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If you’re living with fertility problems, the chances are you’re stressed

 

This is not a criticism of you, or anyone experiencing fertility problems. Far from it!  This statement acknowledges that there is a lot to be stressed by when struggling to conceive.  On top of everyday life stuff, I see my lovely clients handling various combinations of the list below on a daily basis:

  1. The build-up to your period and the crushing disappointment when it comes
  2. The strain of “scheduled sex”
  3. Worrying how you’ll afford IVF / the thought of going through IVF
  4. Trying to live/eat/exercise “perfectly” all the time
  5. Stressing about that coffee/chocolate/wine/negative thought you just had
  6. Pretending you’re fine
  7. Smiling through other people’s pregnancy announcements
  8. Feeling that your life is stuck on hold
  9. The overwhelm of information and statistics online
  10. The sheer frustration of feeling that nothing you do seems to change your situation
  11. I could write more, but it’s pretty stressful being reminded of all that is stressful!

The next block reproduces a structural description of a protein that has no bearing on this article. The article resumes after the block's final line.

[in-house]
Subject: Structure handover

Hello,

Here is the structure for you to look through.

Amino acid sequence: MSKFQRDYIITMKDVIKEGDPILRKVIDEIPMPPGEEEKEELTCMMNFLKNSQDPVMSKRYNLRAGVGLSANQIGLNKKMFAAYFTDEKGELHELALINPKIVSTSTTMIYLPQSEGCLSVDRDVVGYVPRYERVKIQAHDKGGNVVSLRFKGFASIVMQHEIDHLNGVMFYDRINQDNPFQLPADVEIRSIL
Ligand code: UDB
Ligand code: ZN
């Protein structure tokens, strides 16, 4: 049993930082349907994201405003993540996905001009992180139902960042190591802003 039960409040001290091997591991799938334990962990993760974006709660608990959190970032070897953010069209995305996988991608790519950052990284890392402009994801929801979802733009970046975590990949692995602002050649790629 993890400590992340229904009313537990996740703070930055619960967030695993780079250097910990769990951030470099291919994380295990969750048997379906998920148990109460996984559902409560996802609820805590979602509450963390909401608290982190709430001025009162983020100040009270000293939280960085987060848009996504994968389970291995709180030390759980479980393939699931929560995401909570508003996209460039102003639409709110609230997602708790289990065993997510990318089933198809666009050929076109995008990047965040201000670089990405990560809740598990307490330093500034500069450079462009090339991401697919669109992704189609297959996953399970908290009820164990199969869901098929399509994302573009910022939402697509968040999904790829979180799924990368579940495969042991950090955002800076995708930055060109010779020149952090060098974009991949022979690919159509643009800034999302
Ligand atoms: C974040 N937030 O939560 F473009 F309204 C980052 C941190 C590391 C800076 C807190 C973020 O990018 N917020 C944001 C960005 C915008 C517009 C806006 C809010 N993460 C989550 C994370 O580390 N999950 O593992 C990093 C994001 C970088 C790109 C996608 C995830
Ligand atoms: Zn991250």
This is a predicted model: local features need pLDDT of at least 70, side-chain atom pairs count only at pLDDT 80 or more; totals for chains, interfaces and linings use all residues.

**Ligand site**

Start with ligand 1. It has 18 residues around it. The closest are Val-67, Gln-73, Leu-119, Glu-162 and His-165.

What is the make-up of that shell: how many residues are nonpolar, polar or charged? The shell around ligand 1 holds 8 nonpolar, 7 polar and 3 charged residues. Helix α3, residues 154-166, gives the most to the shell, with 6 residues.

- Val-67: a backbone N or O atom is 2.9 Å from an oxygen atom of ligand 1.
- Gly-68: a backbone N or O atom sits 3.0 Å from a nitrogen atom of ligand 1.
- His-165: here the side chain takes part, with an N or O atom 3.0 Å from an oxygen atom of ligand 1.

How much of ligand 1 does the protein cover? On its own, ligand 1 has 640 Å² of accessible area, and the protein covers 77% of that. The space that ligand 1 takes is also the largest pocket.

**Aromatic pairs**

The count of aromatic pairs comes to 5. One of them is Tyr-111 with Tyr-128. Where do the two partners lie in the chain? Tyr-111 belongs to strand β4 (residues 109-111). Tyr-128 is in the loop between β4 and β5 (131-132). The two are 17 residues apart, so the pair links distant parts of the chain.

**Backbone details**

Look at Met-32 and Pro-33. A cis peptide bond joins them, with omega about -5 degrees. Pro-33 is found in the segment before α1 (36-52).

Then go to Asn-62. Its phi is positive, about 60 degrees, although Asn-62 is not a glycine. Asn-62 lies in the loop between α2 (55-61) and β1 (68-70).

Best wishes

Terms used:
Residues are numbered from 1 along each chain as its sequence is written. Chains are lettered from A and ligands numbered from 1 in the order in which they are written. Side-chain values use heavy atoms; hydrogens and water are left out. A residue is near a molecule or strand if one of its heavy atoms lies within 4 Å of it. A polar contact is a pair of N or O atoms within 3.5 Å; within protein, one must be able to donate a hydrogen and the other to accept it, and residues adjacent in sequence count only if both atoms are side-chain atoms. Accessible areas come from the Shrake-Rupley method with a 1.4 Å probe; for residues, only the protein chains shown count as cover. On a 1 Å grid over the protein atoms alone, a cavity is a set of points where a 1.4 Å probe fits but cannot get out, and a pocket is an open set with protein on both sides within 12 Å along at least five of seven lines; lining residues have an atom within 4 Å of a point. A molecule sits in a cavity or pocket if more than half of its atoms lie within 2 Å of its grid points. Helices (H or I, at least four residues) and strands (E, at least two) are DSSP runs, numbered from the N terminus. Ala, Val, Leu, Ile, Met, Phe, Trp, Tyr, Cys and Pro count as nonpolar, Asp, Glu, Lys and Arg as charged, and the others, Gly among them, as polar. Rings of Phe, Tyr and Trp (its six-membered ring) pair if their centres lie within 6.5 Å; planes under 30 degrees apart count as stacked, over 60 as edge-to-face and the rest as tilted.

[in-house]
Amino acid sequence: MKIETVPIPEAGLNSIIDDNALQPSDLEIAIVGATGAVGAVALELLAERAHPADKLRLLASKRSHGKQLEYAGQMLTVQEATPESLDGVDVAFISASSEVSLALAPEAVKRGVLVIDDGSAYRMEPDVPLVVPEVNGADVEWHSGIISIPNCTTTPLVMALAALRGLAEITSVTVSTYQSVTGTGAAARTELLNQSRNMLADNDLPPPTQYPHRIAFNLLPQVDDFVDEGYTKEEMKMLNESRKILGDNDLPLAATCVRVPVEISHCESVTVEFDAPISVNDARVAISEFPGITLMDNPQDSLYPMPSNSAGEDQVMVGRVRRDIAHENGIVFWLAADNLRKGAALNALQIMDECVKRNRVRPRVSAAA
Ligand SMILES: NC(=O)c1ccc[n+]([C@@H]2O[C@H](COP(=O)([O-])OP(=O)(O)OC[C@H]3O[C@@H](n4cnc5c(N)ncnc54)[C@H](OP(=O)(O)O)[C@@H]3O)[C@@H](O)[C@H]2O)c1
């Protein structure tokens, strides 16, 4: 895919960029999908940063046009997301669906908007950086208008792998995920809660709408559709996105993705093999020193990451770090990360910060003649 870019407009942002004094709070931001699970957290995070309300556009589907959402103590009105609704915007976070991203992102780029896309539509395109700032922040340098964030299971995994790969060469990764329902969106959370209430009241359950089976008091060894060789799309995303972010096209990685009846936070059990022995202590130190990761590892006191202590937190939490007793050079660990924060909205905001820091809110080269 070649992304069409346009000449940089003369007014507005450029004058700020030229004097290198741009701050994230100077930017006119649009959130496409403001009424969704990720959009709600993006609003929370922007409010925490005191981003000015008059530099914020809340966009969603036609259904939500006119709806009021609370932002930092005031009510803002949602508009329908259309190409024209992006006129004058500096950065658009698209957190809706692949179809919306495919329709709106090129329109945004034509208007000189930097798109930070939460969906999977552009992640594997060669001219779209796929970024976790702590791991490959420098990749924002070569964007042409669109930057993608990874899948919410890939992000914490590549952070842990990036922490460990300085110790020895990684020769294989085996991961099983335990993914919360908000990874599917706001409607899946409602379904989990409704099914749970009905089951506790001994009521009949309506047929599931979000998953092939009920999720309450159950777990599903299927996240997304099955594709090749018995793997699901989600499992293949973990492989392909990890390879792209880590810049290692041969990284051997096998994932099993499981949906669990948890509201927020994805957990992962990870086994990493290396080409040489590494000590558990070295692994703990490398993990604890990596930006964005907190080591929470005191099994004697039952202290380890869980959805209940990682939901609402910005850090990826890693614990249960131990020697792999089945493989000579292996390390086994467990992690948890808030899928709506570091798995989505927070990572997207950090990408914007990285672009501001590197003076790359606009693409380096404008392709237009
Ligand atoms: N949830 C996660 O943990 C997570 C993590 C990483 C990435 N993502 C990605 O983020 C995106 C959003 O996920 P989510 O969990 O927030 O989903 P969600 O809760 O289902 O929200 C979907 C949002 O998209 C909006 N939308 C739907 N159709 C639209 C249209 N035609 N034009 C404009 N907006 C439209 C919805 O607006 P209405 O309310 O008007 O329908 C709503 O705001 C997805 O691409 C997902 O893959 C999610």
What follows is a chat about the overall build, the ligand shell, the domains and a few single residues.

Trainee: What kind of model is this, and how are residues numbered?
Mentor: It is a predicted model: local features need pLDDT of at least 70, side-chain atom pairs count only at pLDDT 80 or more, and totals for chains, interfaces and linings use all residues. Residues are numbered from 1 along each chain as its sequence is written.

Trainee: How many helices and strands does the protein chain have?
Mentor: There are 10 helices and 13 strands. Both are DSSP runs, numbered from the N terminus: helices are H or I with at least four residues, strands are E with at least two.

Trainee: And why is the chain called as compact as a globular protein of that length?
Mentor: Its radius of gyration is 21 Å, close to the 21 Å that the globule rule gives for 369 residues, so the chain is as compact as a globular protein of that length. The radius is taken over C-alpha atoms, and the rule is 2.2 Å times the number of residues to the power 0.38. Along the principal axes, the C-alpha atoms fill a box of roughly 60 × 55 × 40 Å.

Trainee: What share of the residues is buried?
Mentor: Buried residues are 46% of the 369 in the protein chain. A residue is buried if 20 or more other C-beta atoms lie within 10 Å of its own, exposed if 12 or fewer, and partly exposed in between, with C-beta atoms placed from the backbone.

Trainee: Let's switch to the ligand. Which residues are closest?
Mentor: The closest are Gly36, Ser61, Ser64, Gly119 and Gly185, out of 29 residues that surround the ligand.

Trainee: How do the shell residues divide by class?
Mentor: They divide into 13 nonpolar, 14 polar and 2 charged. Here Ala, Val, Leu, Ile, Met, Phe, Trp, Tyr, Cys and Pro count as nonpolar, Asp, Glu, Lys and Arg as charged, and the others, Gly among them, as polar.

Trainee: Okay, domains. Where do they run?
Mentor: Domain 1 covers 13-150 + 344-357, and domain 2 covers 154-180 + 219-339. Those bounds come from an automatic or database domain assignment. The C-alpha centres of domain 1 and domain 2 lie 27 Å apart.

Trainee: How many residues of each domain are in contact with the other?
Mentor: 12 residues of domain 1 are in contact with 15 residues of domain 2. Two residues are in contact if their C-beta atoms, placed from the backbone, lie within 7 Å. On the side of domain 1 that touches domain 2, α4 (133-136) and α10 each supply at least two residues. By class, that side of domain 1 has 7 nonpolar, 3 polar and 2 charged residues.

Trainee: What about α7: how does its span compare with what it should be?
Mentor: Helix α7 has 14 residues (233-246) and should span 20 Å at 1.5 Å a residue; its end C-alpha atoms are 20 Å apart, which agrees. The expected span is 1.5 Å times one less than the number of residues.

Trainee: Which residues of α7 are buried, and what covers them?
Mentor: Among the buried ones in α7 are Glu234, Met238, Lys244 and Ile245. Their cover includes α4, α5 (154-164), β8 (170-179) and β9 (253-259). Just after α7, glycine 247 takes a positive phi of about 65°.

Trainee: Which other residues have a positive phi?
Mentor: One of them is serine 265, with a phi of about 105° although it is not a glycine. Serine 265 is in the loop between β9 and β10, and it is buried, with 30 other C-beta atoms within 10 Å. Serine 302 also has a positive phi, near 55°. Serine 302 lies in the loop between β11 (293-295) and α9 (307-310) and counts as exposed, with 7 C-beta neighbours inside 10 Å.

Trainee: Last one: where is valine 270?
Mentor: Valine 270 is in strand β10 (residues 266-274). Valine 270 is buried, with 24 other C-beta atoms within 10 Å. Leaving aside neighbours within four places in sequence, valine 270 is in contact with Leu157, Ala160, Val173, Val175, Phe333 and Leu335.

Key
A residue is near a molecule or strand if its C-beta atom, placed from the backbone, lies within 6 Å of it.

If this wasn’t enough, there’s always someone who will say… “just relax and it will happen”

 

This is possibly the most stressful and unhelpful thing to be told.

For the vast majority of women and couples struggling to get pregnant, it is not ‘just’ a matter of relaxing.  There are often many relevant factors contributing to the situation.

Few health issues have one single cause.  But we don’t tend to tell people with any other health problem “just relax and it will heal”.

 

 Being told to relax can cause fertility shame

 

Most people with fertility problems have researched a lot, been through a lot and done a lot to help their situation.  YOU KNOW the details.  You’re aware of your body, the medical tests or diagnosis you’ve had, your emotions and the many other factors relevant to your unique situation.   Being told to “just relax” dismisses everything else that YOU know is going on for you.

It can feel as if you have to “justify” your situation.  But this is difficult, because fertility issues are complex, personal and private.  You don’t always want to share the details with a random stranger or colleague!

The trouble is, if you don’t explain all the facts to that random stranger/colleague (which is absolutely your right), you can end up feeling that person is judging you for being stressed.

 

I like to believe that most people are genuinely trying to help

 

But when you tell someone suffering with infertility that “it will happen if they just relax” you are placing the blame on the individual.  It’s an indirect way of saying it’s their fault.

Blaming leads to feelings of shame which can be very detrimental to emotional health and wellbeing.  In my next blog post I’ll explain how ‘fertility shame’ can affect you.

 

With my best wishes

Alison x

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